Summer internship introduces landscape architecture student to Japanese gardens

Lily Mank at Anderson Japanese Gardens.

When first-timers visit a Japanese-style garden during the summer, one thing tends to stick out: it’s primarily green.

“One of the comments we get the most is there aren’t a lot of flowers, that everything is monochromatic green,” says CALS landscape architecture senior Lily Mank, a summer intern at the Anderson Japanese Gardens in Rockford, Illinois.

Yet people love what they see.

The predominance of green summer foliage, notes Mank, is just one aspect that makes Japanese gardens unique. More broadly, it’s the special way that basic elements – stone, water and plants – are brought together and the emotions these landscapes evoke.

The internship, offered for the first time this year, has given Mank the opportunity to rotate through many aspects of running the garden, including design, management, marketing and event planning, planting and construction.

It also included time with Hoichi Kurisu, who has been the chief designer of the Anderson Japanese Gardens since in 1978. Although Kurisu doesn’t have a formal degree in landscape architecture, he is considered a leader in the field of Japanese garden design. In June, Mank spent a full day with Kurisu on an active garden construction site in Grand Rapids, Michigan.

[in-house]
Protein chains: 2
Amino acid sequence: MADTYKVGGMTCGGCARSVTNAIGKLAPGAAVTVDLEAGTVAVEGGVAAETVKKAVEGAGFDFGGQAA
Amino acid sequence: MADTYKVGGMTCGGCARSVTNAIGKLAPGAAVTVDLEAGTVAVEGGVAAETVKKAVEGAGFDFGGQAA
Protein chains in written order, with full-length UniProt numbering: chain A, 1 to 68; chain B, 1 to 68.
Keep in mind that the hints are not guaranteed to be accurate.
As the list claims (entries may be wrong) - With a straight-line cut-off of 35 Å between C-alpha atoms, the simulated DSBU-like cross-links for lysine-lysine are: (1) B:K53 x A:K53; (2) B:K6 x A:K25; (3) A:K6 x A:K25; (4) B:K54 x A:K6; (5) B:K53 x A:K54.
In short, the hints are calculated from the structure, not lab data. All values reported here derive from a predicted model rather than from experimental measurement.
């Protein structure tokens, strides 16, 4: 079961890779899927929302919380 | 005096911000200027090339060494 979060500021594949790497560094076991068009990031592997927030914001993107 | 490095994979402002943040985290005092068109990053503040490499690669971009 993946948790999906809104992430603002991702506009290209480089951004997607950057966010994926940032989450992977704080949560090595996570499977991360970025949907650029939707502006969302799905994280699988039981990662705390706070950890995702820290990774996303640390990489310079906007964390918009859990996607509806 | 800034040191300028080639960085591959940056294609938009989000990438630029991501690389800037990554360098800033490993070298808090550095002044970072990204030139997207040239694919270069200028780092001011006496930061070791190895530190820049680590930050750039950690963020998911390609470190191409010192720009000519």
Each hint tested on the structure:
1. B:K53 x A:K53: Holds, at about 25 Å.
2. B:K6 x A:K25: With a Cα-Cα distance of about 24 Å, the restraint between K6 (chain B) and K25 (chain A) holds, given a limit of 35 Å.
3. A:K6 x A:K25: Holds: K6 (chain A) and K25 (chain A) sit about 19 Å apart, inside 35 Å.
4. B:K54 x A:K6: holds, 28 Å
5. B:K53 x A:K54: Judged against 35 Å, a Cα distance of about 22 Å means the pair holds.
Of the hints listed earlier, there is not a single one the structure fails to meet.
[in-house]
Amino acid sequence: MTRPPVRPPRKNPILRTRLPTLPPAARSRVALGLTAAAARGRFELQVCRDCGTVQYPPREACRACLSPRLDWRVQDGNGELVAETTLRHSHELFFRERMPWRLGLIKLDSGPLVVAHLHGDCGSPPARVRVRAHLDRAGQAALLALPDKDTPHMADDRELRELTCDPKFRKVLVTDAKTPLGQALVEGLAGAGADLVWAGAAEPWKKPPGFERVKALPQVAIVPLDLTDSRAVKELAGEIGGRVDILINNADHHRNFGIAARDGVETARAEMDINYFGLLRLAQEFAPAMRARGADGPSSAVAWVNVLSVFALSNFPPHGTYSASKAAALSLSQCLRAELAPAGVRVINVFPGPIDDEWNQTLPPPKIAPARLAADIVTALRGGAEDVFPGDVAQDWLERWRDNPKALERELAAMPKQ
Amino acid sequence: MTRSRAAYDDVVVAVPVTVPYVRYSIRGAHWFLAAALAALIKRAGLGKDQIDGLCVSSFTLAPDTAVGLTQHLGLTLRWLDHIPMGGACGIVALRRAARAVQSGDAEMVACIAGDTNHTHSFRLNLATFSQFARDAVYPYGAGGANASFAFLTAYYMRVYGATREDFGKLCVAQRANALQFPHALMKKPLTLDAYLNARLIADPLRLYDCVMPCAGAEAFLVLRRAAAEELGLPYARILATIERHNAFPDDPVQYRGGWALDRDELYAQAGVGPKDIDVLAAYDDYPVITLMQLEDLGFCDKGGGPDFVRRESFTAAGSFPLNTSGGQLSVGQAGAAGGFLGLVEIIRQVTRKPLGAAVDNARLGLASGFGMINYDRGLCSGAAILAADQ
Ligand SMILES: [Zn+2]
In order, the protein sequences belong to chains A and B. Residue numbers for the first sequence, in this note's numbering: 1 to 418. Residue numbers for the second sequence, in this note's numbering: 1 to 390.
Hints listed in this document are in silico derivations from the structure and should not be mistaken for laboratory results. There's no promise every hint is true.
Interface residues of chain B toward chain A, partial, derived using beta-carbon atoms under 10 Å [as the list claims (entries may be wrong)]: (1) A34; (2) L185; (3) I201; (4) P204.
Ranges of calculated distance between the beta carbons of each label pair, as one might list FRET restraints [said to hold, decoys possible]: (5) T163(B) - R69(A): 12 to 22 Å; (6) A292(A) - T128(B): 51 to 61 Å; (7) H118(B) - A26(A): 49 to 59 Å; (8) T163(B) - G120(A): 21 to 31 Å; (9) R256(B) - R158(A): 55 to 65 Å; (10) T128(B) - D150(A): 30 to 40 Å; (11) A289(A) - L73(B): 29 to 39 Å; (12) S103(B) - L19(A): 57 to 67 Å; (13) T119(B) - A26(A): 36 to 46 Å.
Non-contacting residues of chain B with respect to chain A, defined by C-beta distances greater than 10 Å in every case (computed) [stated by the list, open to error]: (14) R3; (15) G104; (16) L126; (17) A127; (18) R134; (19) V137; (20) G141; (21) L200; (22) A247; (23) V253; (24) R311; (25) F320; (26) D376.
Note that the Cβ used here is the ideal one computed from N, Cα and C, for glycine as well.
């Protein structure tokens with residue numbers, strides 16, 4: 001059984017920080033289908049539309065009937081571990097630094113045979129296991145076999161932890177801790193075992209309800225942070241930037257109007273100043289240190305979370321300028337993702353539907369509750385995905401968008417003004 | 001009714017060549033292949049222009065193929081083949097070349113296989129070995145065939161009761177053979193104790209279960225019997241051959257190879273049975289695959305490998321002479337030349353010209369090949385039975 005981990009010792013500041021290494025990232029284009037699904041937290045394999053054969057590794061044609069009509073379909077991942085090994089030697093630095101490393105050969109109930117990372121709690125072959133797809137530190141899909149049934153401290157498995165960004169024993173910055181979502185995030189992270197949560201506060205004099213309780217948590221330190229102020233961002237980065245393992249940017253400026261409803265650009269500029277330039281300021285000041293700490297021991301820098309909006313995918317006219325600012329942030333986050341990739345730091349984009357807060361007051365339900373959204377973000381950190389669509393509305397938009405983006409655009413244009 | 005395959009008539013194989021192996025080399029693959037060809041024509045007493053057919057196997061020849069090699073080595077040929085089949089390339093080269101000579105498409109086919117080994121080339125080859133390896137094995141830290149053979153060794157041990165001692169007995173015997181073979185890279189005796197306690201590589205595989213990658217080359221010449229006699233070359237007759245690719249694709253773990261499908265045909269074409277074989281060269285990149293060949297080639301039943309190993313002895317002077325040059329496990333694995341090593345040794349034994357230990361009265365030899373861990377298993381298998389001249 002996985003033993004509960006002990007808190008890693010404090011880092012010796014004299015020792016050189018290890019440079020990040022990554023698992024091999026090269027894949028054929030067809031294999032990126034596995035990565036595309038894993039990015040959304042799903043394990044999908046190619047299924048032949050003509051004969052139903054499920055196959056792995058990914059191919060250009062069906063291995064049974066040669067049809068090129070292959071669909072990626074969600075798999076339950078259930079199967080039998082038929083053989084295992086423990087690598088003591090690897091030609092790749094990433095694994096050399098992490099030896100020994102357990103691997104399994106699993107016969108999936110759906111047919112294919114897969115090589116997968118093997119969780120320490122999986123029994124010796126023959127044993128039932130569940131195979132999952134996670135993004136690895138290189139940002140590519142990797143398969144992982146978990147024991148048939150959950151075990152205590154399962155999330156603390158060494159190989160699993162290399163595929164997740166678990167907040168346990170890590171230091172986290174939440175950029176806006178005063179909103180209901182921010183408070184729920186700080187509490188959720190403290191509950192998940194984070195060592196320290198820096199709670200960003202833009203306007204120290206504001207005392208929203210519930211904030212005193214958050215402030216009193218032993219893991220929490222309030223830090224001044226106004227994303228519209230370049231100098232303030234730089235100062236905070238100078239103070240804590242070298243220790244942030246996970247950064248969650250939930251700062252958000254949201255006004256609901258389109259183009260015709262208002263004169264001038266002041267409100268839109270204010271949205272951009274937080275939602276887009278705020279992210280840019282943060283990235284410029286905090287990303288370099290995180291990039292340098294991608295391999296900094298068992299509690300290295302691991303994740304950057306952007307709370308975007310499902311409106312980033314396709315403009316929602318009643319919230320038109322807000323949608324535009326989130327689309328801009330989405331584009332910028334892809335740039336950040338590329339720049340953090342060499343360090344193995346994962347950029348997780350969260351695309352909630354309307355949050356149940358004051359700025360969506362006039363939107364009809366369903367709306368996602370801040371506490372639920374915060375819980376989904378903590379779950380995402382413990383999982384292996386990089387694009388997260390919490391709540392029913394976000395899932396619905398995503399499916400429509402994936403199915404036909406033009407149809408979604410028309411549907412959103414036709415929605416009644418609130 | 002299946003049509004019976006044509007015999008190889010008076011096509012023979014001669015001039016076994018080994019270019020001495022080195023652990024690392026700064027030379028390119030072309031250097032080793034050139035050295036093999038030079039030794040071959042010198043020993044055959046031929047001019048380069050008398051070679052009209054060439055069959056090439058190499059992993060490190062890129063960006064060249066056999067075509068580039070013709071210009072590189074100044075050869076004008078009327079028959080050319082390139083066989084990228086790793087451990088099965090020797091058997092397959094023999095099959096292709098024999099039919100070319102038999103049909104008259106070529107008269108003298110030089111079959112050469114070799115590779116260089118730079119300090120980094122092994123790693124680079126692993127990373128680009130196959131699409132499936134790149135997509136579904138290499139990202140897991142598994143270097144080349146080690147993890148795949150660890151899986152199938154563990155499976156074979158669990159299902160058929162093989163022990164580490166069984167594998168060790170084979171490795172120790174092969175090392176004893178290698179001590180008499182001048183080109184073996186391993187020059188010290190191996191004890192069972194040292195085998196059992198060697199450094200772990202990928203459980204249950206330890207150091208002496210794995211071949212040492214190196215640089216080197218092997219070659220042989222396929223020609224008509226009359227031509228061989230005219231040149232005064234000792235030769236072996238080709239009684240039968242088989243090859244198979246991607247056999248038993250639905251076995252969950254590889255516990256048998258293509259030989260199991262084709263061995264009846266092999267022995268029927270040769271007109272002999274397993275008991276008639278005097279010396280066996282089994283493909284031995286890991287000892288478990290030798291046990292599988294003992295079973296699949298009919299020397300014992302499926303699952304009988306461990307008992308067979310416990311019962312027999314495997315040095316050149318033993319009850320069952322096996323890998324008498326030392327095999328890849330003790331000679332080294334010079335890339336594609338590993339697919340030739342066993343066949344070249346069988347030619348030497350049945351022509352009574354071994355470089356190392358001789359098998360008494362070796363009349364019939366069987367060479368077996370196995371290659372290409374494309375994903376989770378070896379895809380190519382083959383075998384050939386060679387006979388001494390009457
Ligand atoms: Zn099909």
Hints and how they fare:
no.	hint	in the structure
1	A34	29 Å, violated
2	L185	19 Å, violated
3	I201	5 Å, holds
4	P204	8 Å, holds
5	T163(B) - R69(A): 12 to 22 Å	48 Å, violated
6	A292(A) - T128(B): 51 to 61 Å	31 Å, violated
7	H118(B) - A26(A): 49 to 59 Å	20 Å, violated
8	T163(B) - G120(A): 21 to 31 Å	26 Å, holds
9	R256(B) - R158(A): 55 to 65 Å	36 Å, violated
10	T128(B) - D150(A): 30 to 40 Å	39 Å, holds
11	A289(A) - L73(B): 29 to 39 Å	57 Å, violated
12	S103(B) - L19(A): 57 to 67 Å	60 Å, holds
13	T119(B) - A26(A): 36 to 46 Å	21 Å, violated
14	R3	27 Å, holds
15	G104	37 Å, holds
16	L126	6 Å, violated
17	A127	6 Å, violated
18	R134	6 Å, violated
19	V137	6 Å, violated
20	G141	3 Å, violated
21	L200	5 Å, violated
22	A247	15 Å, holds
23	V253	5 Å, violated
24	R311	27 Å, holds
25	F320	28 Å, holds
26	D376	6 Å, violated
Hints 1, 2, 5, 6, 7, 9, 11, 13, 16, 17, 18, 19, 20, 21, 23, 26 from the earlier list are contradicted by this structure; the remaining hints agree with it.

“It was really interesting to see how Hoichi develops his designs and also to hear the story of how he was inspired to become a landscape architect,” says Mank. “It was an incredible opportunity to spent time with him. He shared his whole life story with me.”

When school starts up this fall, Mank will wrap up her internship by writing a report on therapeutic gardens, a particular interest of hers. It will be informed, in part, by yet another experience afforded by the internship: working with garden staff on the campus of the Rosecrance Griffin Williamson drug rehabilitation center in Rockford. The Rosecrance garden, also designed by Kurisu, is an integral part of the facility’s treatment program.

“Seeing the benefits of the therapeutic garden first-hand was incredible,” she says. “It was probably my favorite experience.”

AJG irises
Photo courtesy of Anderson Japanese Gardens.